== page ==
Note: To get the full picture, you will need to view this post on Brian Solomon’s Tracking the Light.
I like to find non-standard angles and unusual perspectives to make common subjects, uncommon.
In April 1989, an Amtrak F40PH leading Amfleet, was about as common as it got.
I’d set up along Conrail’s former New York Central Waterlevel Route at milepost 399, near the School Road grade crossing, east of Batavia, New York.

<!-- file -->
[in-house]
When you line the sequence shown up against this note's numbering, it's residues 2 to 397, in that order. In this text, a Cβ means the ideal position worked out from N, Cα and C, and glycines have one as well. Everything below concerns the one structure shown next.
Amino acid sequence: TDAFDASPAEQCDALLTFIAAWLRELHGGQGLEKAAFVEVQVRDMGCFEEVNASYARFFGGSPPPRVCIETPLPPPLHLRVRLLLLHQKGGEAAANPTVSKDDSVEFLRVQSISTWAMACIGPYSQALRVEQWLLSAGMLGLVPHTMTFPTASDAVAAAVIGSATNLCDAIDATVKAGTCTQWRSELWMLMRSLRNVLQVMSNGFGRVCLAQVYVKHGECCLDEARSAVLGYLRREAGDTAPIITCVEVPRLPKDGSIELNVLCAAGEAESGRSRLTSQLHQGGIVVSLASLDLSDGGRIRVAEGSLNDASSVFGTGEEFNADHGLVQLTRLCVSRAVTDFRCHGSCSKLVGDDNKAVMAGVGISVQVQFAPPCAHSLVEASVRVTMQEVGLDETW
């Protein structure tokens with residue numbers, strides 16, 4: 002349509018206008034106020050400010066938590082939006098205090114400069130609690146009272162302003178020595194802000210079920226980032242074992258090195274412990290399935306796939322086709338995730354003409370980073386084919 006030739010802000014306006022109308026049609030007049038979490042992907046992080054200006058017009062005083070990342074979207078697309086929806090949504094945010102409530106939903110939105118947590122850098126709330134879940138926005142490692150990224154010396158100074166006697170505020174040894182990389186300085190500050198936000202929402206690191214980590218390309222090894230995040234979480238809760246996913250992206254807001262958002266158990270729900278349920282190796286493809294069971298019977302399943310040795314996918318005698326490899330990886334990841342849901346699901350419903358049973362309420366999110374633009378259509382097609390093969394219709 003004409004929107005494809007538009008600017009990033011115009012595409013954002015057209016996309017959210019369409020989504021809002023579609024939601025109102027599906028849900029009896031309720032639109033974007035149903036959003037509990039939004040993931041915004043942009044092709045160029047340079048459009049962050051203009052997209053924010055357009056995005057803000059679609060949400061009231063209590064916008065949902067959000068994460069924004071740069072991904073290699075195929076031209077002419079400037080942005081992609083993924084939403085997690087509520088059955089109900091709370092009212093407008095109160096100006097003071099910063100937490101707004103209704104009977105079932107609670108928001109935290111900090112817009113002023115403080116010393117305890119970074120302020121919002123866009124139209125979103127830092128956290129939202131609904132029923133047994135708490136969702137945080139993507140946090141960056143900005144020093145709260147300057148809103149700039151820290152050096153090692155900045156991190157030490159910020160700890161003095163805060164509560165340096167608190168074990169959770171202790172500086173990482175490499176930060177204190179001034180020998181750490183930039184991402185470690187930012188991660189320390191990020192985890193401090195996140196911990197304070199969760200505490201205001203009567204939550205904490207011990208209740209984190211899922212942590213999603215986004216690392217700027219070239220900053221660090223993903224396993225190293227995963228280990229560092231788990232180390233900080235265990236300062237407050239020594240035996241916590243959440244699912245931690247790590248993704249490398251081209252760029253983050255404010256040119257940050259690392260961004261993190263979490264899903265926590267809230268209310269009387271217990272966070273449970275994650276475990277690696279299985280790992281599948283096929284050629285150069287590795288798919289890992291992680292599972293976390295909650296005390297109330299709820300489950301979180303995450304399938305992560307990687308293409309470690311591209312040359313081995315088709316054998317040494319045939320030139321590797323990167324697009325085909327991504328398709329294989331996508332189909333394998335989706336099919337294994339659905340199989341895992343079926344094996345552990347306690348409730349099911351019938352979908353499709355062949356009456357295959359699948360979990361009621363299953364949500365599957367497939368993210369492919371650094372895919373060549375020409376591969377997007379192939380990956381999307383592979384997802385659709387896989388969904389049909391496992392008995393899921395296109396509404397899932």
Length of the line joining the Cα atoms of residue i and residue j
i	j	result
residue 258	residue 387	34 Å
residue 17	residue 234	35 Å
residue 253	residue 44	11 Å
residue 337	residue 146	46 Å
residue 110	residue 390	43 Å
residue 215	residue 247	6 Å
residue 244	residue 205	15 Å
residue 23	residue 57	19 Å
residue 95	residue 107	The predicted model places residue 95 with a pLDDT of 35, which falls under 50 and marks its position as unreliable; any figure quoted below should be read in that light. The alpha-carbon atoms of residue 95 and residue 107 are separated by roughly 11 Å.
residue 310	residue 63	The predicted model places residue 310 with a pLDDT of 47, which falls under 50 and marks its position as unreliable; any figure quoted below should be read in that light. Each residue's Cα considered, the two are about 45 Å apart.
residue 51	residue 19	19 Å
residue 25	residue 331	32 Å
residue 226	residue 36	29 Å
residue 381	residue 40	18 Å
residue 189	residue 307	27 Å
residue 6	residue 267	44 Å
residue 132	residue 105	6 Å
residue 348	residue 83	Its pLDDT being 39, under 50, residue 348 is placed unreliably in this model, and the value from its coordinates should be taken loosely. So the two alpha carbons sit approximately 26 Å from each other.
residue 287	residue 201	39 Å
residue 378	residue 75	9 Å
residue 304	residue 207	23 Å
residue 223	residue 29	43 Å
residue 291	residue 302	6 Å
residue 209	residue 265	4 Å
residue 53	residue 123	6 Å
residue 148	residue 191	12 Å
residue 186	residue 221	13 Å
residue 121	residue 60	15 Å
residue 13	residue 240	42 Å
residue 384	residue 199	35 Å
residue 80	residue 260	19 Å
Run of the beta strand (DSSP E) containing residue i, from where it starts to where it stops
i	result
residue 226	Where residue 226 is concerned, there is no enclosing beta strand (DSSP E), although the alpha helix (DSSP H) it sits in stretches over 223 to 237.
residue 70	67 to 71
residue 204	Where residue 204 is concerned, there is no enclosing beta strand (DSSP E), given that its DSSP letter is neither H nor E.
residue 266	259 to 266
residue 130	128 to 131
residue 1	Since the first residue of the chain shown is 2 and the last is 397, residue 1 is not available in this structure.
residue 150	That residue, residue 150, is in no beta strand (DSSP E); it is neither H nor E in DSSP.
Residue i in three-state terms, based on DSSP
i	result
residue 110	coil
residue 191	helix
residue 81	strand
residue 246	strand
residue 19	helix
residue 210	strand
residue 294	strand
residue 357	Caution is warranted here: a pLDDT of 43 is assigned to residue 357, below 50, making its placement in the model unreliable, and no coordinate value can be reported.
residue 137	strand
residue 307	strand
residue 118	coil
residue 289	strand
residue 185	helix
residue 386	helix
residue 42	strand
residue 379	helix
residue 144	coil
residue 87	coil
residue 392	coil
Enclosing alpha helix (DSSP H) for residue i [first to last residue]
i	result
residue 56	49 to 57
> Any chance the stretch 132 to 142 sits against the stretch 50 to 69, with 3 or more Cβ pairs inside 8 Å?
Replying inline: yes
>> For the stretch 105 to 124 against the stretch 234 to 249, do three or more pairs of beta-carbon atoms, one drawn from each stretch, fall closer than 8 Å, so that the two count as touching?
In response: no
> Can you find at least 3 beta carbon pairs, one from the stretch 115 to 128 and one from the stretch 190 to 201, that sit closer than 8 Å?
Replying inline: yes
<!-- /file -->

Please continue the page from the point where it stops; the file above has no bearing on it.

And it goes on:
Working with a Leica M2 with 200mm Telyt prime telephoto attached using a Leica Visoflex and fixed to a Bogen 3021 tripod, I selected a rail-level view.
My angle deliberately forces the eye away from the primary subject. Why do this? The bright Amtrak train already dominates the scene, so by forcing the eye downward it makes for an unusual angle that better captures your attention.
An unwise photo editor, might try to crop the bottom 20 percent of the image in a misguided effort to center the train from top to bottom.
Sadly, photographer’s compositions are too often foiled by less insightful editors.
Tracking the Light posts daily!